Palermo is a delicious mix of Norman, Arabic, Byzantine, Baroque and Renaissance–and the street food reflects the multicultural heritage of the city. Our day was full of Byzantine mosaics with interludes of studiously eating as many types of street food as possible. I look forward to lovingly describing the outstanding art and architecture of Palermo when I have a bit more time. Meanwhile, I hope you enjoy the pictures of what we ate–believe me, it was as mouthwatering as it looks.
Even for me, nine hours of Byzantine mosaics is a bit much. I started to giggle at mosaics of angels with tiny legs in the coupola of La Martorana, and then HOB started in when I described the bird in an annunciation as “God’s sperm bird.” And then we lost it entirely at the Jesus Christ Superstar painting on the alter. No, it’s not at all appropriate to laugh hysterically in a sacred space, so we got the heck out of there. We have plenty more Byzantine mosaics to see tomorrow, anyhow….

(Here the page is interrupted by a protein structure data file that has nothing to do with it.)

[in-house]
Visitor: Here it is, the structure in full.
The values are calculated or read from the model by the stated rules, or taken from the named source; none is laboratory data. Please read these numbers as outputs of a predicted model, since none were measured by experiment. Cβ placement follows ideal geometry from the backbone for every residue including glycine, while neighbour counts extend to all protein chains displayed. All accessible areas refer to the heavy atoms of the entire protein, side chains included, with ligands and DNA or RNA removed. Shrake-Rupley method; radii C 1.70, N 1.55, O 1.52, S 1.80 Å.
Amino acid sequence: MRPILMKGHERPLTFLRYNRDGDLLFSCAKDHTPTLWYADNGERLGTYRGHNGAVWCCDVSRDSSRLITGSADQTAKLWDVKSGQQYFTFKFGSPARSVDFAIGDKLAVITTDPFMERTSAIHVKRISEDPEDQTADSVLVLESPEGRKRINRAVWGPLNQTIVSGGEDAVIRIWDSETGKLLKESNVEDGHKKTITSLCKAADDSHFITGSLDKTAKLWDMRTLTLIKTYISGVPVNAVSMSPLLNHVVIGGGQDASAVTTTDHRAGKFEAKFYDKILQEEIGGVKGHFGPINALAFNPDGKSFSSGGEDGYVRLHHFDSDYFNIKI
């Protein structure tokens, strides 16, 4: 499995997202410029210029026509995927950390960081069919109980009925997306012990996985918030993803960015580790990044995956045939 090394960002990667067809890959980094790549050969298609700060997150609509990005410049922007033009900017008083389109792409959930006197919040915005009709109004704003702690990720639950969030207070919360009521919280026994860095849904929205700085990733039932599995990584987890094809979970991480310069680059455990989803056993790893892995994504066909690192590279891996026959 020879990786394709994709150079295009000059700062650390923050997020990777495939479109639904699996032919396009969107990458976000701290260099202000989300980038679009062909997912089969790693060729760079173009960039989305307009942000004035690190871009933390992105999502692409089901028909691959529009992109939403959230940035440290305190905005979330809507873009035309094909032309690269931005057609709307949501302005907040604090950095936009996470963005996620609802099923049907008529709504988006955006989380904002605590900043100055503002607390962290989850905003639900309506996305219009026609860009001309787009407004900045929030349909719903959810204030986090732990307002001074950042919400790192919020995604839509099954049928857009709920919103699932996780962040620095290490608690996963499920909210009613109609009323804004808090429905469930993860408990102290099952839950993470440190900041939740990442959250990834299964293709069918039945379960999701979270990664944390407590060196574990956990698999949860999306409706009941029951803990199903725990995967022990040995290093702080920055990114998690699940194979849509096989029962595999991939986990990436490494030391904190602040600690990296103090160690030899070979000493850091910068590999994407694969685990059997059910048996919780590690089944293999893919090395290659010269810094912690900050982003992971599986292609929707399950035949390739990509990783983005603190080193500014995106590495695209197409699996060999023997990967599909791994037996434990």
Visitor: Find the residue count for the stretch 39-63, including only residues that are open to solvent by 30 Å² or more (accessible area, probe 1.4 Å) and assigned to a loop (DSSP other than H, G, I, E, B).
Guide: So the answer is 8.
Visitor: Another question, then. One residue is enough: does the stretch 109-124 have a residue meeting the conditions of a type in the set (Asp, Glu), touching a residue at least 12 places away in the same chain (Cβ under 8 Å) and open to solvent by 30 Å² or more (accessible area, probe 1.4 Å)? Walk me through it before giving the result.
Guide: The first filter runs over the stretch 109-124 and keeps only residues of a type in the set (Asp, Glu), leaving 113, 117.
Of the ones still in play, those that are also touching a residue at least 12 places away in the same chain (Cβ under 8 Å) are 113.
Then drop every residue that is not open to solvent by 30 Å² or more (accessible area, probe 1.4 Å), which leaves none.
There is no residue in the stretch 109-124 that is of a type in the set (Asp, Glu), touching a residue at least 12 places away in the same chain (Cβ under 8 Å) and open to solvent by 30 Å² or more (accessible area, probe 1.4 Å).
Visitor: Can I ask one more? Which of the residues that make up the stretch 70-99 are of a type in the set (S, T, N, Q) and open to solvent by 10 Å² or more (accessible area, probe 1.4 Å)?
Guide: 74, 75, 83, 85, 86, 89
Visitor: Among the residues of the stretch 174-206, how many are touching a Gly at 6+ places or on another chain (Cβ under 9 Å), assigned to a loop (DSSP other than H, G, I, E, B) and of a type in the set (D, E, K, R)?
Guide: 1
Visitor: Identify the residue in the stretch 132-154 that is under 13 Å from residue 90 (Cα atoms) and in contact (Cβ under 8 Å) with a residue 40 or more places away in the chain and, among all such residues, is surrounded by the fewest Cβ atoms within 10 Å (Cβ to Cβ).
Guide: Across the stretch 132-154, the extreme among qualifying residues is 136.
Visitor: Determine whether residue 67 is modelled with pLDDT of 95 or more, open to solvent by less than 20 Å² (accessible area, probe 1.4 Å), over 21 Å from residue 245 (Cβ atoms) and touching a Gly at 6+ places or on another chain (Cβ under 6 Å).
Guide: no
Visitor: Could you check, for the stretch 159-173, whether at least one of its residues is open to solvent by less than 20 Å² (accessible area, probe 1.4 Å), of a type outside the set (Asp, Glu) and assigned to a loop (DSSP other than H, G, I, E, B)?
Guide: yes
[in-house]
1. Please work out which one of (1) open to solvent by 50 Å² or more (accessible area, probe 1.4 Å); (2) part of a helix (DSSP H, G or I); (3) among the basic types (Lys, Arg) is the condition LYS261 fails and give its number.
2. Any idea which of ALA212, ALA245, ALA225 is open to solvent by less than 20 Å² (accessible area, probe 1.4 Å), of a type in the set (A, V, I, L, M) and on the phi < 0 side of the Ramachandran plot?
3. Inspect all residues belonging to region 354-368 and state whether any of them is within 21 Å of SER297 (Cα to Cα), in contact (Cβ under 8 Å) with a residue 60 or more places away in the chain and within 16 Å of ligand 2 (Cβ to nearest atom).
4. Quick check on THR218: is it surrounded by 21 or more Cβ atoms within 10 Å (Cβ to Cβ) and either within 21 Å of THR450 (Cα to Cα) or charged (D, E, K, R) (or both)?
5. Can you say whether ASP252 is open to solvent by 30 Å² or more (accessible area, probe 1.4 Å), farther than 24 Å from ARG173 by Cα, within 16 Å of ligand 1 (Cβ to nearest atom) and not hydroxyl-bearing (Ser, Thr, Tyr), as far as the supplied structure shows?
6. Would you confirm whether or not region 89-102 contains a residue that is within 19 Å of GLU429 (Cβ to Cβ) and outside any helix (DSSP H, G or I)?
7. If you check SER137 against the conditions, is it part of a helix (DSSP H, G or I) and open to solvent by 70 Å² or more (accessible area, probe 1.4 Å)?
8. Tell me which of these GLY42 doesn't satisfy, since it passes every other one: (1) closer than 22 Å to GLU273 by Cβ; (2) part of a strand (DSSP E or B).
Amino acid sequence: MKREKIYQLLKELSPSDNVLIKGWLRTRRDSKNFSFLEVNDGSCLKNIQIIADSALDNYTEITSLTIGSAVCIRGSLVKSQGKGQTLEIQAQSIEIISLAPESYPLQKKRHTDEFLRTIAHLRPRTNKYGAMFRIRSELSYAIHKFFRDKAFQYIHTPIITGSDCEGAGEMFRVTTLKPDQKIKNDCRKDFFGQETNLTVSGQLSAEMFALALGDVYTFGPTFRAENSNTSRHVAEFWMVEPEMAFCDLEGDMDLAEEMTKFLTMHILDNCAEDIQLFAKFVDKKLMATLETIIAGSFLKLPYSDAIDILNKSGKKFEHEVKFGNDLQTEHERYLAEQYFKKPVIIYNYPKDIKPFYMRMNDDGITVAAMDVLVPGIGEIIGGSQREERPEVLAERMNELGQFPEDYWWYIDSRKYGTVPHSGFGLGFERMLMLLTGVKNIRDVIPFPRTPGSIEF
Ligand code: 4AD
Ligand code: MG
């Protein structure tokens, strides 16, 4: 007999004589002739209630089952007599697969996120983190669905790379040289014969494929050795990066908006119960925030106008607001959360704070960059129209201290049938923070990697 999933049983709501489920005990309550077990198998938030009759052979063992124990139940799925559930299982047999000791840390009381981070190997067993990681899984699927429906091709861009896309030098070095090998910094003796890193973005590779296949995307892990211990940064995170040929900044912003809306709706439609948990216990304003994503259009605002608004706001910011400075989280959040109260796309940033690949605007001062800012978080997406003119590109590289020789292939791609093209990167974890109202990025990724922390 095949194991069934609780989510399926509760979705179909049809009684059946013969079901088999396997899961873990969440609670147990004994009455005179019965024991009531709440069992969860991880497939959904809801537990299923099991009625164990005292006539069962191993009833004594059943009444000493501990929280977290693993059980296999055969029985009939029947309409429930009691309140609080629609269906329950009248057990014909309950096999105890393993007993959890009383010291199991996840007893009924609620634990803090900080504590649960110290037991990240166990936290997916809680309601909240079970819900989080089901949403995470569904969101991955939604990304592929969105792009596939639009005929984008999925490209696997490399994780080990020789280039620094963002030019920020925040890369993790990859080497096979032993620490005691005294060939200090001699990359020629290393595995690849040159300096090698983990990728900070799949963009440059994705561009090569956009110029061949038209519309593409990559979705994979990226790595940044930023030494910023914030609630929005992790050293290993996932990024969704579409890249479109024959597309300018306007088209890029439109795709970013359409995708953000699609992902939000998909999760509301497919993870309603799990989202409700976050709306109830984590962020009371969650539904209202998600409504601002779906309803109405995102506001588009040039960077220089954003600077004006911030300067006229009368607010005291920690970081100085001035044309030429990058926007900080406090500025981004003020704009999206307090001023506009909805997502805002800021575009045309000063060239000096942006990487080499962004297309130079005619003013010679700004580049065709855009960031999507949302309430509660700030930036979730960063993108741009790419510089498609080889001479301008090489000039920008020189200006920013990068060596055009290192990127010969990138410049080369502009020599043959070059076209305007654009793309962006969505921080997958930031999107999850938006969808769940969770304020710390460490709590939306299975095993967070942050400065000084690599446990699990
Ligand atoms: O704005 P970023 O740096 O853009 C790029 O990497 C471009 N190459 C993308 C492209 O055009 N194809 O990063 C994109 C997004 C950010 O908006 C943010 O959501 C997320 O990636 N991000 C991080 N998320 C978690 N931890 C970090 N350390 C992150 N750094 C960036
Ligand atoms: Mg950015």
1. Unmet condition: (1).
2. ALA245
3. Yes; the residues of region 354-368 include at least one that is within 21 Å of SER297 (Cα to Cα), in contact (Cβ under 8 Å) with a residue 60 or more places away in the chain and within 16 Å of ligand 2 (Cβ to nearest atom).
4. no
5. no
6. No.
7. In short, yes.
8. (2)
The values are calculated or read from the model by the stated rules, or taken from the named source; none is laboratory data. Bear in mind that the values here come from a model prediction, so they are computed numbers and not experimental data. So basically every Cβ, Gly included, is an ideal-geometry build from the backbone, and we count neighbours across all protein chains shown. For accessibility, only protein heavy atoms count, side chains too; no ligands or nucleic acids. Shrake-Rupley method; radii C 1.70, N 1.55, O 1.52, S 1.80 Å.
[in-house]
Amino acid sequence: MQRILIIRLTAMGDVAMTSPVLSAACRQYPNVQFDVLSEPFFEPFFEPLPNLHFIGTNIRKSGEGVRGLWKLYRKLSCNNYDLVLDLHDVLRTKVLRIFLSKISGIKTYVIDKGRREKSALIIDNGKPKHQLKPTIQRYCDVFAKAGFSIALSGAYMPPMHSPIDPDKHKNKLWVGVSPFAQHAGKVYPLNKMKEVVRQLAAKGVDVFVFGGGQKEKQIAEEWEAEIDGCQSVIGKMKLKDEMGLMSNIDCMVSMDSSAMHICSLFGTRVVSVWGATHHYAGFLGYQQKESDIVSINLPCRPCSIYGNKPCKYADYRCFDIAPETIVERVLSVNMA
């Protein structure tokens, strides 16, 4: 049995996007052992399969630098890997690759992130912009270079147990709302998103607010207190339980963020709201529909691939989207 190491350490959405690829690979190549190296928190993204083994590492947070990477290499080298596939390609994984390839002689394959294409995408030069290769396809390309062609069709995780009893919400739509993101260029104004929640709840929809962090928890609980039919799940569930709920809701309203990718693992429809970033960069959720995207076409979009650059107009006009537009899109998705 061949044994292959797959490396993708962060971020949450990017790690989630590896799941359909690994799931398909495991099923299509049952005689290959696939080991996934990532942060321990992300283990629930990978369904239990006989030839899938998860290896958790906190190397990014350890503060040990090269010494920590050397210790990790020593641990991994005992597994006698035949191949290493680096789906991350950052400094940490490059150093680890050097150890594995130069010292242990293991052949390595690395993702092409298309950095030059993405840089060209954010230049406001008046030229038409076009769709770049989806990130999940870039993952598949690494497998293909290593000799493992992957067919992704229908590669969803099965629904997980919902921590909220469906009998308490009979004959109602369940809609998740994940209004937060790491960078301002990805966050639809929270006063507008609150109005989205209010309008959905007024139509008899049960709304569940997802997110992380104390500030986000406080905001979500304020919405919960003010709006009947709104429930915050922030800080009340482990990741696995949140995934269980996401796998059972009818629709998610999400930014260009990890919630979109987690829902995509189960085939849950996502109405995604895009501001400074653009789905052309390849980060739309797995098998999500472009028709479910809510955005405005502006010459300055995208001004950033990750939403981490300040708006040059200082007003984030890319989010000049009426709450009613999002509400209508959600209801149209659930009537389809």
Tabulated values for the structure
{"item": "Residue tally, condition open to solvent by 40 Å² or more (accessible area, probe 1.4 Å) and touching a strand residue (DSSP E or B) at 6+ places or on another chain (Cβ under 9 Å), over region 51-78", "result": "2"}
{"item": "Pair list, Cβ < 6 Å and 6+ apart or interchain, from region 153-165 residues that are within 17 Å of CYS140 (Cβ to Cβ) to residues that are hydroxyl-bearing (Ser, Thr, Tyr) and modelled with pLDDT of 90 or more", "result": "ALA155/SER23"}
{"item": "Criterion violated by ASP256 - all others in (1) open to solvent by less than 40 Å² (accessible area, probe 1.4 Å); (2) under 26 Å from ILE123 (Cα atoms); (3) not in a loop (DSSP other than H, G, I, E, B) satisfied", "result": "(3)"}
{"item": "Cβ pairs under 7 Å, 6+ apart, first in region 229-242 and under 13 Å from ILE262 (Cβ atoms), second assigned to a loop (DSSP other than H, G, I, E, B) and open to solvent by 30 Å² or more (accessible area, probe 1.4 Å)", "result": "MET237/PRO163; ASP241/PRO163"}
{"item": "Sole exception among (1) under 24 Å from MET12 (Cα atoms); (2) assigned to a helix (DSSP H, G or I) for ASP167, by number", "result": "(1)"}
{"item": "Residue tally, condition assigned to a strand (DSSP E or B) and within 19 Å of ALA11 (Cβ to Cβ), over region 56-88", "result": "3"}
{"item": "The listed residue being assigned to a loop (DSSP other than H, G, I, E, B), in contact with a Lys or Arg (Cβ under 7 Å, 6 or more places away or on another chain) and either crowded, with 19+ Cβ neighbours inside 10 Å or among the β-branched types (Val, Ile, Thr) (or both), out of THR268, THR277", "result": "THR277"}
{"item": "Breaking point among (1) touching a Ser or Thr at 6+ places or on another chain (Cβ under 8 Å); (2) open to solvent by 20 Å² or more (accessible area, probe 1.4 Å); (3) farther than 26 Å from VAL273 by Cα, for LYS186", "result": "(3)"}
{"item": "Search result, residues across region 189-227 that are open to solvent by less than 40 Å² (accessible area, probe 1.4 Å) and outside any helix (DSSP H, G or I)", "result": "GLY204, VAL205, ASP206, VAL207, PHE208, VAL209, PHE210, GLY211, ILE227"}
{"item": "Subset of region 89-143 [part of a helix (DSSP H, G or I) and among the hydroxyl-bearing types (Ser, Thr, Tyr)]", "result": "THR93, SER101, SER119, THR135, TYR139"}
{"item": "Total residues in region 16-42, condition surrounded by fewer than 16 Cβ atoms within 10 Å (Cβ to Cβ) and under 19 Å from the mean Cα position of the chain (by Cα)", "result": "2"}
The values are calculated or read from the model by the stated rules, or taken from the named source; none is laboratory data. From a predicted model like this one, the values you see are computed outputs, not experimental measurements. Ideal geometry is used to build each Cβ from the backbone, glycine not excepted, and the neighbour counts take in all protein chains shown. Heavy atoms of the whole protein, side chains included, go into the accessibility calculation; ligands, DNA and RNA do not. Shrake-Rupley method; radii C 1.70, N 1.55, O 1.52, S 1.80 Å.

How we got to Palermo: train from Naples.
Where we slept: Ariston Hotel b&b. Price: €55 for a double. Recommended: yes.
I was feeling fine at Quatro Canti
HOB in the cloister of Chiesa di San Giovanni Degli Eremeti
This was my favorite: Involtini Melazane (eggplant wrapped around bread crumbs with raisins, pine nuts, and I think saffron).
Panelle e croce (chickpea and potato fritters).
Arancini: Norma (stuffed with eggplant) and Ragu (stuffed with meat and peas).
Sarde a Beffafico: sardines stuffed with something similar to the Involtini and rolled in bread crumbs.
Dude, a cat with a curly tail!
I started giggling at the angels with tiny legs at La Martorana.
Starring Jesus Christ Superstar!